There’s a certain ingrained animosity to India’s relationship with the British. Their reign in the country there was undeniably an era of progress and invention, but at the end of the day, asking people to show gratitude to their invaders and enslavers is a bit too much to ask. However, it was also a time of great pomp and ceremony which is exactly the emotion artist, Alfred Crowdy Lovett aimed to capture in his illustrations for the book The Armies of India.
The book was published in the early 1900’s by which time Lovett himself had served in the British army for three decades. He served in Karachi and lived in Pune, Ahmednagar and Mumbai between 1883 and 1893, but throughout his service, he continued to paint. Though he was never considered a professional artist, his realistic, colourful portrait captured the interest of many people and earned Lovett high praise.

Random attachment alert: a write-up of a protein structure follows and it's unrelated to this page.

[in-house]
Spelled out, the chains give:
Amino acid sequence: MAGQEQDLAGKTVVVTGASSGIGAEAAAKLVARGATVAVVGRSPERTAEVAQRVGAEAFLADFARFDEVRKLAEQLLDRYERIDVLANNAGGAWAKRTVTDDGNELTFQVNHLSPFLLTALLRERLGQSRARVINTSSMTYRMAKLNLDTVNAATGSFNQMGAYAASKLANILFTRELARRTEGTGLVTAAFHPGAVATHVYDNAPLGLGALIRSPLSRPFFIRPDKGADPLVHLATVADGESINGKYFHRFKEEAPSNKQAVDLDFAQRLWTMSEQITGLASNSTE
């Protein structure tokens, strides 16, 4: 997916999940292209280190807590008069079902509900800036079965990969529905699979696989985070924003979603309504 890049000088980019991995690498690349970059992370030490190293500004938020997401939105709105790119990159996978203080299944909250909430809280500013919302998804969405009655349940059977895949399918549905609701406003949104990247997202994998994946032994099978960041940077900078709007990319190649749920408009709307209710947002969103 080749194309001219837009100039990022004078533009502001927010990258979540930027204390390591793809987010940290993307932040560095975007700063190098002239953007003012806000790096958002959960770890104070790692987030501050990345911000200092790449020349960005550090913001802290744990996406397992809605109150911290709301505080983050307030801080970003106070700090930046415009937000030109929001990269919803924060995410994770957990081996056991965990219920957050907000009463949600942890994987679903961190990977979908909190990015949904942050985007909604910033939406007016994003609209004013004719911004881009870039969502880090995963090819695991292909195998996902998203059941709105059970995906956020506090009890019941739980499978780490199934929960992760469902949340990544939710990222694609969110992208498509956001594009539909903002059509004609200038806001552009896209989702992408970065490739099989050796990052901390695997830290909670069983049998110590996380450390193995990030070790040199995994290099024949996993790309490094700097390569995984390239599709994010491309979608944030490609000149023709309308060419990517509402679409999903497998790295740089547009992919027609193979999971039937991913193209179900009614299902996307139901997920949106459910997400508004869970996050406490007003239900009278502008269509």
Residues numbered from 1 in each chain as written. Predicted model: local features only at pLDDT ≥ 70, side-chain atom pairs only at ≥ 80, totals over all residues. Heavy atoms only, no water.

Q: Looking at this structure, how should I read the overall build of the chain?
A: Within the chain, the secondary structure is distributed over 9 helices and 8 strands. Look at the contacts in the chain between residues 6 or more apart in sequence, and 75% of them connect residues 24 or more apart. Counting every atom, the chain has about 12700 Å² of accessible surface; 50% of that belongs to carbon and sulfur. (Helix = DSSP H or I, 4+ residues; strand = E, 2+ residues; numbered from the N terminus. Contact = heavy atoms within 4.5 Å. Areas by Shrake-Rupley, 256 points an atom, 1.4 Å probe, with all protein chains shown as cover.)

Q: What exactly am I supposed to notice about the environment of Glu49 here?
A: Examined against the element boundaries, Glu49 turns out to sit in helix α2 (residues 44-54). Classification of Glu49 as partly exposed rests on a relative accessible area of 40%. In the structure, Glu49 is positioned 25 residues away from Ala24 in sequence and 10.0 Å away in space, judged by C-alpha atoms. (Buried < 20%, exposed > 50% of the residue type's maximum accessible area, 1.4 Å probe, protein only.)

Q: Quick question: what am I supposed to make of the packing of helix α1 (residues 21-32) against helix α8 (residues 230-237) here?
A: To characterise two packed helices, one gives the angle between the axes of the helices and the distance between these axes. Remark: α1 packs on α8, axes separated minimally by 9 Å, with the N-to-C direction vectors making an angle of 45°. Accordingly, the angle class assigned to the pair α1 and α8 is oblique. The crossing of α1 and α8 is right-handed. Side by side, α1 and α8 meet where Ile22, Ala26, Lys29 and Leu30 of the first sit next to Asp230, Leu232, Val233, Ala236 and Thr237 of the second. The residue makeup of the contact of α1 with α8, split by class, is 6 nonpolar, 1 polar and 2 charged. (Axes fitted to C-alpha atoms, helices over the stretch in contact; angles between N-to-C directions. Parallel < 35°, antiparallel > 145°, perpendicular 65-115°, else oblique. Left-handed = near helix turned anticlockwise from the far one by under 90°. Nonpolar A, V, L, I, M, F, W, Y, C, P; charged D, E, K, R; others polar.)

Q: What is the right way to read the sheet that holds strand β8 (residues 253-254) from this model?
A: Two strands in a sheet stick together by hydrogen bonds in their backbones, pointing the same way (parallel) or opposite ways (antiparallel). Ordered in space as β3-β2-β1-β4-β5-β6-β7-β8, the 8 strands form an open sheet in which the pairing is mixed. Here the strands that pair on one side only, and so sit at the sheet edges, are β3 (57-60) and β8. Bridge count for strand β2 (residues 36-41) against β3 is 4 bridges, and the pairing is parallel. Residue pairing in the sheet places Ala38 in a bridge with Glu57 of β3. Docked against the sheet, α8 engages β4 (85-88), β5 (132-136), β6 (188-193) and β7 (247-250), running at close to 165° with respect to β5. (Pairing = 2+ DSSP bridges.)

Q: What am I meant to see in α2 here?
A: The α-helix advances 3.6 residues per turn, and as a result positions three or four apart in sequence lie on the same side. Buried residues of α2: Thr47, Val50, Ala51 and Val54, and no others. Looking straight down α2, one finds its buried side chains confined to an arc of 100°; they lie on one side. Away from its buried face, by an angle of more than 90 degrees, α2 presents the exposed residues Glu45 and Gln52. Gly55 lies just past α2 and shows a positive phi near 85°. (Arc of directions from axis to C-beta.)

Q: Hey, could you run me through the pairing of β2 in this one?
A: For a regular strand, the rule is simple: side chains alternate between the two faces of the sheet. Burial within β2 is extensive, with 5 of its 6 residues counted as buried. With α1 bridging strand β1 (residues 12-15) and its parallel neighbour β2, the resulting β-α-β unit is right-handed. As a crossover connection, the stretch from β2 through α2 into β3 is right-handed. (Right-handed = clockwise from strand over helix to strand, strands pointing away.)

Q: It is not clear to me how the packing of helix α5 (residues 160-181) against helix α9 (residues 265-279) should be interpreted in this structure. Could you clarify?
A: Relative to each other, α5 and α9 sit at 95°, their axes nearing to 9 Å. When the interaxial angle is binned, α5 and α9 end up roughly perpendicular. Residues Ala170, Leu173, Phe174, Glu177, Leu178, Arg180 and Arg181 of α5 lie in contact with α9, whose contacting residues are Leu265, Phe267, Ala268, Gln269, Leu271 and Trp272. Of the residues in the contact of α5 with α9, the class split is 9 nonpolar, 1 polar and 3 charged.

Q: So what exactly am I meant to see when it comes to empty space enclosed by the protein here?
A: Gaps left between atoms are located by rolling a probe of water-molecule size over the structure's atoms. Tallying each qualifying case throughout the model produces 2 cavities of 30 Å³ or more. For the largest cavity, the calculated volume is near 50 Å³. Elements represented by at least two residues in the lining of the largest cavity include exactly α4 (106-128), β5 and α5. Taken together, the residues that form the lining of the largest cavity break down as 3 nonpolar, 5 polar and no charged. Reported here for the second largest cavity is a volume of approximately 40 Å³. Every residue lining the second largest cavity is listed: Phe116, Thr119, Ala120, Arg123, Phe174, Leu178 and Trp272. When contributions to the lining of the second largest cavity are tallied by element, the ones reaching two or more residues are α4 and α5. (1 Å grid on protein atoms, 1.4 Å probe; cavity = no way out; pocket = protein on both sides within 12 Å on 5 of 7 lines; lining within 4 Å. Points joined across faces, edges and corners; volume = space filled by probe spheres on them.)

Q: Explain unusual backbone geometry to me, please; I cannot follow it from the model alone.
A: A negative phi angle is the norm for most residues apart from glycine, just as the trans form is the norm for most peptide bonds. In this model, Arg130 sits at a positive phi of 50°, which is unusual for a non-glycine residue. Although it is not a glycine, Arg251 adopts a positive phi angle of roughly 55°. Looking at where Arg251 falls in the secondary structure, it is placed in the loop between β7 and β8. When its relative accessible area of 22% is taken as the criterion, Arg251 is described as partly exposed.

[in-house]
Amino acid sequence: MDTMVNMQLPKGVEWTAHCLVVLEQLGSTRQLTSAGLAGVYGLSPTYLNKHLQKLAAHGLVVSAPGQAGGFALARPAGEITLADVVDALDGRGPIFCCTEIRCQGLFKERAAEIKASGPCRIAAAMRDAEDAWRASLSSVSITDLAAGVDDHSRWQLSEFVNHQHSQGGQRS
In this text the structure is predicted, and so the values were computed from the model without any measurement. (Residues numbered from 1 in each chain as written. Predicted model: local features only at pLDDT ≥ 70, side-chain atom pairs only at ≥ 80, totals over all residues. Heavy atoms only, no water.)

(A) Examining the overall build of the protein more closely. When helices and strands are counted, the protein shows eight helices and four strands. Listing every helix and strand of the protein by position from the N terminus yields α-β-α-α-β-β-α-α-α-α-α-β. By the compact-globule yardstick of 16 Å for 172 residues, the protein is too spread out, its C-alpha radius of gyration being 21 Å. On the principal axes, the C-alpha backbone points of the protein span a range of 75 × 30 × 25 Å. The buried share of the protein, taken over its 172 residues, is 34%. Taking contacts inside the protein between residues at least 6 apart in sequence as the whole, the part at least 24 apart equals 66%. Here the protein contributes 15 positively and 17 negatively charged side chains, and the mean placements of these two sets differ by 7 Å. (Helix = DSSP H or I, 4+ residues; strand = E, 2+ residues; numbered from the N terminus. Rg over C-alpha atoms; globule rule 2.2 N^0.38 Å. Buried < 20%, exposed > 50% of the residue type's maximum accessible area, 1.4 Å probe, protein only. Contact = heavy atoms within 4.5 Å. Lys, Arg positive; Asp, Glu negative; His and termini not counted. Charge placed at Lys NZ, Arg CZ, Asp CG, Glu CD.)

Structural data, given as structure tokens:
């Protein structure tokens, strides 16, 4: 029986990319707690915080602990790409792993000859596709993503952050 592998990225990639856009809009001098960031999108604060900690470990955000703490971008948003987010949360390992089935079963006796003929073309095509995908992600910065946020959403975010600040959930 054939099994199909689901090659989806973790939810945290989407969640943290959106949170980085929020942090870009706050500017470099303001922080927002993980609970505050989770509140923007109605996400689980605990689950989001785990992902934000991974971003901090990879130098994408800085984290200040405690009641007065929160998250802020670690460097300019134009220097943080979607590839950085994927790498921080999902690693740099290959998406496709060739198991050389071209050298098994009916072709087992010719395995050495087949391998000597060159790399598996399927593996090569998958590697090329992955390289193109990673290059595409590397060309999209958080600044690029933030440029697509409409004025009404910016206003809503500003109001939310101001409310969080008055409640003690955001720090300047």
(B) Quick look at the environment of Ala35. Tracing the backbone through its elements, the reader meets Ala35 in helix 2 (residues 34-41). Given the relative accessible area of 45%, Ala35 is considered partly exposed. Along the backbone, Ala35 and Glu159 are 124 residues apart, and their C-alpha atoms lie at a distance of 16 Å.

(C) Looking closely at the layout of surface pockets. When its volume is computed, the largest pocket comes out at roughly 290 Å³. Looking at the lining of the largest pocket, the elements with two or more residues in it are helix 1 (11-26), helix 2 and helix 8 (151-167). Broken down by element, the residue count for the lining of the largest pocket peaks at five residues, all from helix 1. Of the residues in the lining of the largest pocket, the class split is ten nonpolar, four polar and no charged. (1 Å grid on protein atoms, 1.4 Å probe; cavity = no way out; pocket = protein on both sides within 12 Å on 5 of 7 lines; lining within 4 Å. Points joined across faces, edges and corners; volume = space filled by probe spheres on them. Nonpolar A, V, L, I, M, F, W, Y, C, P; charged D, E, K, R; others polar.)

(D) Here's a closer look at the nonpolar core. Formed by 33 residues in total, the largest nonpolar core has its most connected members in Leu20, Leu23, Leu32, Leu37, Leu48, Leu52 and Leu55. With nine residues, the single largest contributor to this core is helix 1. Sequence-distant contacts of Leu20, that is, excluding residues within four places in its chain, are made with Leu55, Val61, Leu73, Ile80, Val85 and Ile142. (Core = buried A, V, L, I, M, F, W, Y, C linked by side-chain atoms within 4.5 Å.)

The copious text in the book was provided by another army man, George Fletcher Macmunn, an already established author who outlined the formation and trajectory of the British army in India. He describes how a disorganised, scraggly band of men in the mid 18th century transformed into a well-oiled military unit. And as the story unfolds, Lovett takes you on a visual journey that delves into this fascinating society and unveils their hidden secrets.